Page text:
By April 7, 2017 Read More →

West Virginia Gov. Jim Justice will visit Wheeling on Saturday

By JOSELYN KING

The Intelligencer and Wheeling News-Register

WHEELING, W.Va.  — West Virginia Gov. Jim Justice will come to Wheeling Saturday morning to make a major announcement regarding the future of the greyhound breeders industry, according to information provided by Wheeling Vice Mayor Chad Thalman.

Gov. Jim Justice

Justice’s words will come just hours before a deadline to veto Senate Bill 437, legislation defunding the local greyhound breeders fund.

He is slated to speak in the third floor courtroom at West Virginia Independence Hall at 11 a.m. Doors open at 9 a.m.

Clark Barnes, clerk of the West Virginia Senate, said Justice has until 6:47 p.m. Saturday to veto SB 437 — five days exactly to the time stamp when the bill was sent to his office for signature.

If Justice vetos the bill while in Wheeling, his staff will communicate the message to the House and Senate, Barnes said.

After this, members in each chamber could ignore the message, allowing the veto to take place. They also could decide to take action to override the veto, and a motion to override would have to pass a simple majority in both the House and Senate.

Any effort to override the veto would not have to take place before the regular session of the Legislature ends at midnight Saturday, according to Barnes.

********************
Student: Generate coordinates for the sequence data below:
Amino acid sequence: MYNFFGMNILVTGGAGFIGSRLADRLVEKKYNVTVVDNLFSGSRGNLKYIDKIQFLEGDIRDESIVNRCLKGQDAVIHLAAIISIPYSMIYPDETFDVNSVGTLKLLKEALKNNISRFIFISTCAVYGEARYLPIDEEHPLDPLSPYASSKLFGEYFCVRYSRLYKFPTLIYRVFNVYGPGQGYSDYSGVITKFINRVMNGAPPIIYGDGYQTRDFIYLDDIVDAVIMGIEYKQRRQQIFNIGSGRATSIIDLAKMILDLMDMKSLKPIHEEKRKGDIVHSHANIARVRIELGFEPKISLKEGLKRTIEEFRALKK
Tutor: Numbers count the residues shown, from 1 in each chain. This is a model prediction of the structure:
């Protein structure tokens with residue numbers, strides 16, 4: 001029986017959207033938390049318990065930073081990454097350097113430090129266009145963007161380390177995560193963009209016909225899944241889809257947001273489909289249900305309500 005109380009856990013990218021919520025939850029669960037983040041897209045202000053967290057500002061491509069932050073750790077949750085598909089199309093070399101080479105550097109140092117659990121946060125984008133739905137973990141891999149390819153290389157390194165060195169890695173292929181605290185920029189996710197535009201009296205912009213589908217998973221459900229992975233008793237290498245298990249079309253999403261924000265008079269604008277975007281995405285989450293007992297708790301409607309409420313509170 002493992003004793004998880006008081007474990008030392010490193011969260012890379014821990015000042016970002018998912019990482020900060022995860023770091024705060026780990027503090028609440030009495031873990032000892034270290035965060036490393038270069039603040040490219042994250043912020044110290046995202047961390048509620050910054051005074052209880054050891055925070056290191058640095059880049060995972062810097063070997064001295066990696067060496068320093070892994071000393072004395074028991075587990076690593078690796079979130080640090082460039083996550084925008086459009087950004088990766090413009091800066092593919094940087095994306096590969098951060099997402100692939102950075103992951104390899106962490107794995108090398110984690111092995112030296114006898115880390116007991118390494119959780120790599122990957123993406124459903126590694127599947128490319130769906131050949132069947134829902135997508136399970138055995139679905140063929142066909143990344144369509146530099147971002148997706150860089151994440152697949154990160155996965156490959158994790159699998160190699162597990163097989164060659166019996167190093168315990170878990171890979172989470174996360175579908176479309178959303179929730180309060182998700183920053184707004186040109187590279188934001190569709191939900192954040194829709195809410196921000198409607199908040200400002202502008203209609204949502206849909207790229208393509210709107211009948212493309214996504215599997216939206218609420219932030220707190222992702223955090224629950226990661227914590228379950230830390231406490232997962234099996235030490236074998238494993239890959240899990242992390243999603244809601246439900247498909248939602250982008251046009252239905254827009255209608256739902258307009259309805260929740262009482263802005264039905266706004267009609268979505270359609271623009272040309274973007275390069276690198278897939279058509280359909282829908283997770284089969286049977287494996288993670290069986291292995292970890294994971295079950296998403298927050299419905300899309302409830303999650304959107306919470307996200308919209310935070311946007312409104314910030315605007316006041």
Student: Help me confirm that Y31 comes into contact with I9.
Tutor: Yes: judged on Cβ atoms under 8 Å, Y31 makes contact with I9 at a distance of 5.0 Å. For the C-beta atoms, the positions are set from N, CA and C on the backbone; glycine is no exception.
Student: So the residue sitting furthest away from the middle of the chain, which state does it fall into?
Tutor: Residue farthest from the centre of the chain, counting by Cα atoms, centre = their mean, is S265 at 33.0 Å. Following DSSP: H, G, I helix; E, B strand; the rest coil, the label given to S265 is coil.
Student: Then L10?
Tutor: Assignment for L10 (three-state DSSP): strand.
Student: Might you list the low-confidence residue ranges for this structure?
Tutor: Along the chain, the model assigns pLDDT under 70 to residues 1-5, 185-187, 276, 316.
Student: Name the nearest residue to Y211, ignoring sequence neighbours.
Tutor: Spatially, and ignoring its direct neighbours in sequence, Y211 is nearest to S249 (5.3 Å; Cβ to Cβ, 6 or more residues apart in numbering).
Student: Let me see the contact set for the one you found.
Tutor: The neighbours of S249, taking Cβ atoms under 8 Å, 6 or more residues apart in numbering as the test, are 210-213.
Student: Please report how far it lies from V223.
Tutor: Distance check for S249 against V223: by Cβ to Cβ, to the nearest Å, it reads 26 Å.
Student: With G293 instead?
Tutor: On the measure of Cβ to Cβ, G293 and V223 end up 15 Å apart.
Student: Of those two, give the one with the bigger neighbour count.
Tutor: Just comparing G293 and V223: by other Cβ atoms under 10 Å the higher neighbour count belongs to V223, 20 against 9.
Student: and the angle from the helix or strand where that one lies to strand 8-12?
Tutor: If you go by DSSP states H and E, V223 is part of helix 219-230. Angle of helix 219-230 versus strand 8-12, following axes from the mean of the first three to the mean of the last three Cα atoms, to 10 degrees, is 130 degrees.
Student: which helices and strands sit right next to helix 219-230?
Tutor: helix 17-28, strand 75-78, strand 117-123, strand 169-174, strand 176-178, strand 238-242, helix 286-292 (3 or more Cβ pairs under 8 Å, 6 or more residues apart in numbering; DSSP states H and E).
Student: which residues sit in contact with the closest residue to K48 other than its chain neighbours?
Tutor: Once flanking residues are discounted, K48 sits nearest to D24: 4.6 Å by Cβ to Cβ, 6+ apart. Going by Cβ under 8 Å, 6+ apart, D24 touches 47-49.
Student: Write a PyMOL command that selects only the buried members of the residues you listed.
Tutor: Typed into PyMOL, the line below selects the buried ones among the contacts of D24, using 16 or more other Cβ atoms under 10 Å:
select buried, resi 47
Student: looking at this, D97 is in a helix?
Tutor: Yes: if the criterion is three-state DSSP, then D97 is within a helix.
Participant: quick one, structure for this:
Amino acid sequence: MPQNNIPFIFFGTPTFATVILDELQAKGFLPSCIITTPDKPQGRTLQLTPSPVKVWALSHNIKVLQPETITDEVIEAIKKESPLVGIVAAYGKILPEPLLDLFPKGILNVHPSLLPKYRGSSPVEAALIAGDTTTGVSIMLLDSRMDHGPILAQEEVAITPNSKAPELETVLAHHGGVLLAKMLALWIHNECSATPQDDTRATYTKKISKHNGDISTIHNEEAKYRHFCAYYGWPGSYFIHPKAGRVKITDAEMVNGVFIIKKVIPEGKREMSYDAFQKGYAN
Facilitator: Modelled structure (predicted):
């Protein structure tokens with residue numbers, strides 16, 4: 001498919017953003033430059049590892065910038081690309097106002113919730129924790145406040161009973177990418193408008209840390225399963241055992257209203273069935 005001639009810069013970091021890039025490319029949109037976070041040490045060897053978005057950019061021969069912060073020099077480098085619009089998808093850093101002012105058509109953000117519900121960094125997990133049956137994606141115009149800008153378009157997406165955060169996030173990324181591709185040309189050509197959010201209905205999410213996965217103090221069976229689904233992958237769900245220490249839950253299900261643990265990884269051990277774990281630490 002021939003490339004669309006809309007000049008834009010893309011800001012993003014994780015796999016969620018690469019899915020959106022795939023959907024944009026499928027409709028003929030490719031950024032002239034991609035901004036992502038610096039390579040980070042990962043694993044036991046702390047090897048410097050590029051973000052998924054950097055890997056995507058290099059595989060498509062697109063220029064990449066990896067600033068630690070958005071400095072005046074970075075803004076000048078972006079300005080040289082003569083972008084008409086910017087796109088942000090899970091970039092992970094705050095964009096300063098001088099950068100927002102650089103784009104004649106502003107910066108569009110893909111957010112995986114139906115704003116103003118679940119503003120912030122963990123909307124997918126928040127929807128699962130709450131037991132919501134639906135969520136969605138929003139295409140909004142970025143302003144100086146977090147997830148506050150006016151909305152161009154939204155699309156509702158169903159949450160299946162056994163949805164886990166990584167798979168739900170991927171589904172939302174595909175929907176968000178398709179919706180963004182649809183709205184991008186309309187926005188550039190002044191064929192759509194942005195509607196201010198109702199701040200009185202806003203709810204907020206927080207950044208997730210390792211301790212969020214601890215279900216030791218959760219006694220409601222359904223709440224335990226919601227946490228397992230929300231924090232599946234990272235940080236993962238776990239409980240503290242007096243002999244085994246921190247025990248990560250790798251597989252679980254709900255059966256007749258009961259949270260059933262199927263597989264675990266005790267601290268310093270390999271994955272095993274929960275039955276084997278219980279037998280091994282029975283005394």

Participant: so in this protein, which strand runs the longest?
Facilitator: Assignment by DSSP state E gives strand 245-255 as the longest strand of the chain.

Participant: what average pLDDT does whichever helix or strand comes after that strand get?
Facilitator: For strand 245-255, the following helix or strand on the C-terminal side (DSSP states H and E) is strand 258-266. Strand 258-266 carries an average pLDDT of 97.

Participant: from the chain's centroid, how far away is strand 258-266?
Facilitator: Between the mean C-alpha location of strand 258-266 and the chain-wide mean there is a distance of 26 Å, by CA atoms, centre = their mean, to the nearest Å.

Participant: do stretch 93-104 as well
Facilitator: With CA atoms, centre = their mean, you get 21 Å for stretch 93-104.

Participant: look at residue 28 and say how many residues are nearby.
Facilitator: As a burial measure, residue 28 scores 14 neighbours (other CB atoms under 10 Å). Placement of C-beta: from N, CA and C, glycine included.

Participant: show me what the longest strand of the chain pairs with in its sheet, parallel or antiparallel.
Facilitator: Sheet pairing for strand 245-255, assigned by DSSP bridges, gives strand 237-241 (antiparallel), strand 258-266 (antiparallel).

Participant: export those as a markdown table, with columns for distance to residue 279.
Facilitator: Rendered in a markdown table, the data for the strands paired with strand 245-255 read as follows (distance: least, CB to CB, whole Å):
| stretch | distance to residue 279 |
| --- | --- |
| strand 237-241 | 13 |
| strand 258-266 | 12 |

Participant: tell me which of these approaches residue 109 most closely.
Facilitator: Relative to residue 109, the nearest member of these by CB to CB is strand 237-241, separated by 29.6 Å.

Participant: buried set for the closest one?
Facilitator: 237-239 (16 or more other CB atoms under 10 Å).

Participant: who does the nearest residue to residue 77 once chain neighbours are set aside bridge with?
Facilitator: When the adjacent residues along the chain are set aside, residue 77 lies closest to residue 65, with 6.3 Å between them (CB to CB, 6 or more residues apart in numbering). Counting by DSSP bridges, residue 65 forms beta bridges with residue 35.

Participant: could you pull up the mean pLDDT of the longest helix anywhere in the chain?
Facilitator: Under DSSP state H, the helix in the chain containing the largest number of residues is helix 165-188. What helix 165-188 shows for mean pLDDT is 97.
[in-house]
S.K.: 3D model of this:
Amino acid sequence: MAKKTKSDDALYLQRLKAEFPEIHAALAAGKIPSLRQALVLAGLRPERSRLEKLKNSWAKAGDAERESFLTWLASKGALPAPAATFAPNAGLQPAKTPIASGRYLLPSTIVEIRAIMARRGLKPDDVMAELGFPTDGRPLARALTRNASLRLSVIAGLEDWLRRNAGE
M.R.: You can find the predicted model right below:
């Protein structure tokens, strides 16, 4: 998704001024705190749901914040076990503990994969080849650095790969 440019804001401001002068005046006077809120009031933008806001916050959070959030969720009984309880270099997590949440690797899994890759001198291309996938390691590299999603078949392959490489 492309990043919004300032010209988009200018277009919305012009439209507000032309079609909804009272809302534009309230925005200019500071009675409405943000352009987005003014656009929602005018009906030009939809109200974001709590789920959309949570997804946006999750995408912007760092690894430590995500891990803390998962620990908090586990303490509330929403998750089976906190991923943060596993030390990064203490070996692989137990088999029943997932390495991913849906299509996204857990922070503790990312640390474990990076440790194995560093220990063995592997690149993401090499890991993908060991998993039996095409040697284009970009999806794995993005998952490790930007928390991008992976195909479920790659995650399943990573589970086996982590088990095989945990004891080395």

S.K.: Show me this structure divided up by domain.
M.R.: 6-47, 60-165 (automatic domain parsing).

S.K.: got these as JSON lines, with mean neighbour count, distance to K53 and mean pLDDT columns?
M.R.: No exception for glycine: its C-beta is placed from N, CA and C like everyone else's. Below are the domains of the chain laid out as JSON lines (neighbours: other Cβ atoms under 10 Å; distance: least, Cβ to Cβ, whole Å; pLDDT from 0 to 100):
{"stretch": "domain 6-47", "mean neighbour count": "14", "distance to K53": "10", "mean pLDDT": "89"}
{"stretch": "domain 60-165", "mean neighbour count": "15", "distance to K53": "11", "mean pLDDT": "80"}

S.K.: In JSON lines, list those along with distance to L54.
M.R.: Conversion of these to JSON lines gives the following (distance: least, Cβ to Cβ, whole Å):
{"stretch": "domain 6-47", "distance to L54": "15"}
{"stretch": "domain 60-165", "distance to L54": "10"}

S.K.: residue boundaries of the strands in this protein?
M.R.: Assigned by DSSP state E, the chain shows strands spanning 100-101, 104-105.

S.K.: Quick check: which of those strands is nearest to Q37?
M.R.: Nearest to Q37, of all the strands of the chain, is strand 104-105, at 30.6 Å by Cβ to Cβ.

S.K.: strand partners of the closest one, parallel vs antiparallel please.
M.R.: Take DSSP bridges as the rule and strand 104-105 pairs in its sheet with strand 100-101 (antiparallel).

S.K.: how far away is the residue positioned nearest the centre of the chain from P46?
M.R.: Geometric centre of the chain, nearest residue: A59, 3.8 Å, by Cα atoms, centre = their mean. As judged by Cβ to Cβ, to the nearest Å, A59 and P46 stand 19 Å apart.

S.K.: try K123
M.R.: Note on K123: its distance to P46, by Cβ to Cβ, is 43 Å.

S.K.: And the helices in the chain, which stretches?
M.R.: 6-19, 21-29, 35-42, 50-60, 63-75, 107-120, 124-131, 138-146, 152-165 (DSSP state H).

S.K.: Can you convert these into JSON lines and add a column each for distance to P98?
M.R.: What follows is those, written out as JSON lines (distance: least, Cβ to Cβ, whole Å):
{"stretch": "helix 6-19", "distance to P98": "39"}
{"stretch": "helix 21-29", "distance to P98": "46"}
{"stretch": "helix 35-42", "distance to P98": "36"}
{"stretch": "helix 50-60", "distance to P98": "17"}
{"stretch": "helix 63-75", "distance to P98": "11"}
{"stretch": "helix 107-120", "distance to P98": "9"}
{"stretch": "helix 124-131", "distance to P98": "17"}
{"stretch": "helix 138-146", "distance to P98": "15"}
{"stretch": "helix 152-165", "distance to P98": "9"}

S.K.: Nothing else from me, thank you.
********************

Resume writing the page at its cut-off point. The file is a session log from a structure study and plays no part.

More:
Justice has extended the session one day for the sole purpose of addressing the state budget, and Barnes said the House and Senate will be able to address and act on messages submitted to them on Sunday.

SB 437 passed the Senate on March 27 with a vote of 19 to 15, and it was approved by the House on April 1 by a roll call of 56-44.

“It’s not assured members will vote the same way on the veto,” Barnes said. “Just because they voted for the legislation doesn’t mean they will vote to override a veto.”

Thalman said Wheeling Mayor Glenn Elliott traveled to Charleston on Monday to meet with Justice so the two could discuss the negative economic impact the Wheeling area would experience if the greyhound industry left the state.

“I believe that this meeting with the governor was crucial in potentially saving the greyhound industry and encouraging the governor to travel to Wheeling on Saturday,” Thalman said.

Thalman sees it as a positive move for Wheeling and the greyhound industry that Justice is coming to Wheeling.

“A lot of local jobs are tied to the greyhound industry,” he said. “They city receives a significant amount of revenue from the racing and casino industries. We’re fighting to keep those jobs here in Wheeling.”

The legislation passed by the Legislature abolishes the requirement that West Virginia’s two dog racing tracks — the Wheeling Island Hotel-Casino-Racetrack and the Mardi Gras Resort and Casino in Cross Lanes, W.Va. — continue to offer greyhound racing if they wish to keep their video lottery license.

The measure also would permit the tracks to move their operations to another location in the county if it is approved by the West Virginia Lottery Commission.

Thalman estimates Wheeling receives over $1 million in overall tax revenue from the track.

“I have not heard directly from them they would move, but we would lose $1 million a year if they did,” he said.

Kim Florence, president of Wheeling Island Hotel-Casino-Racetrack, did not immediately return calls seeking comment.

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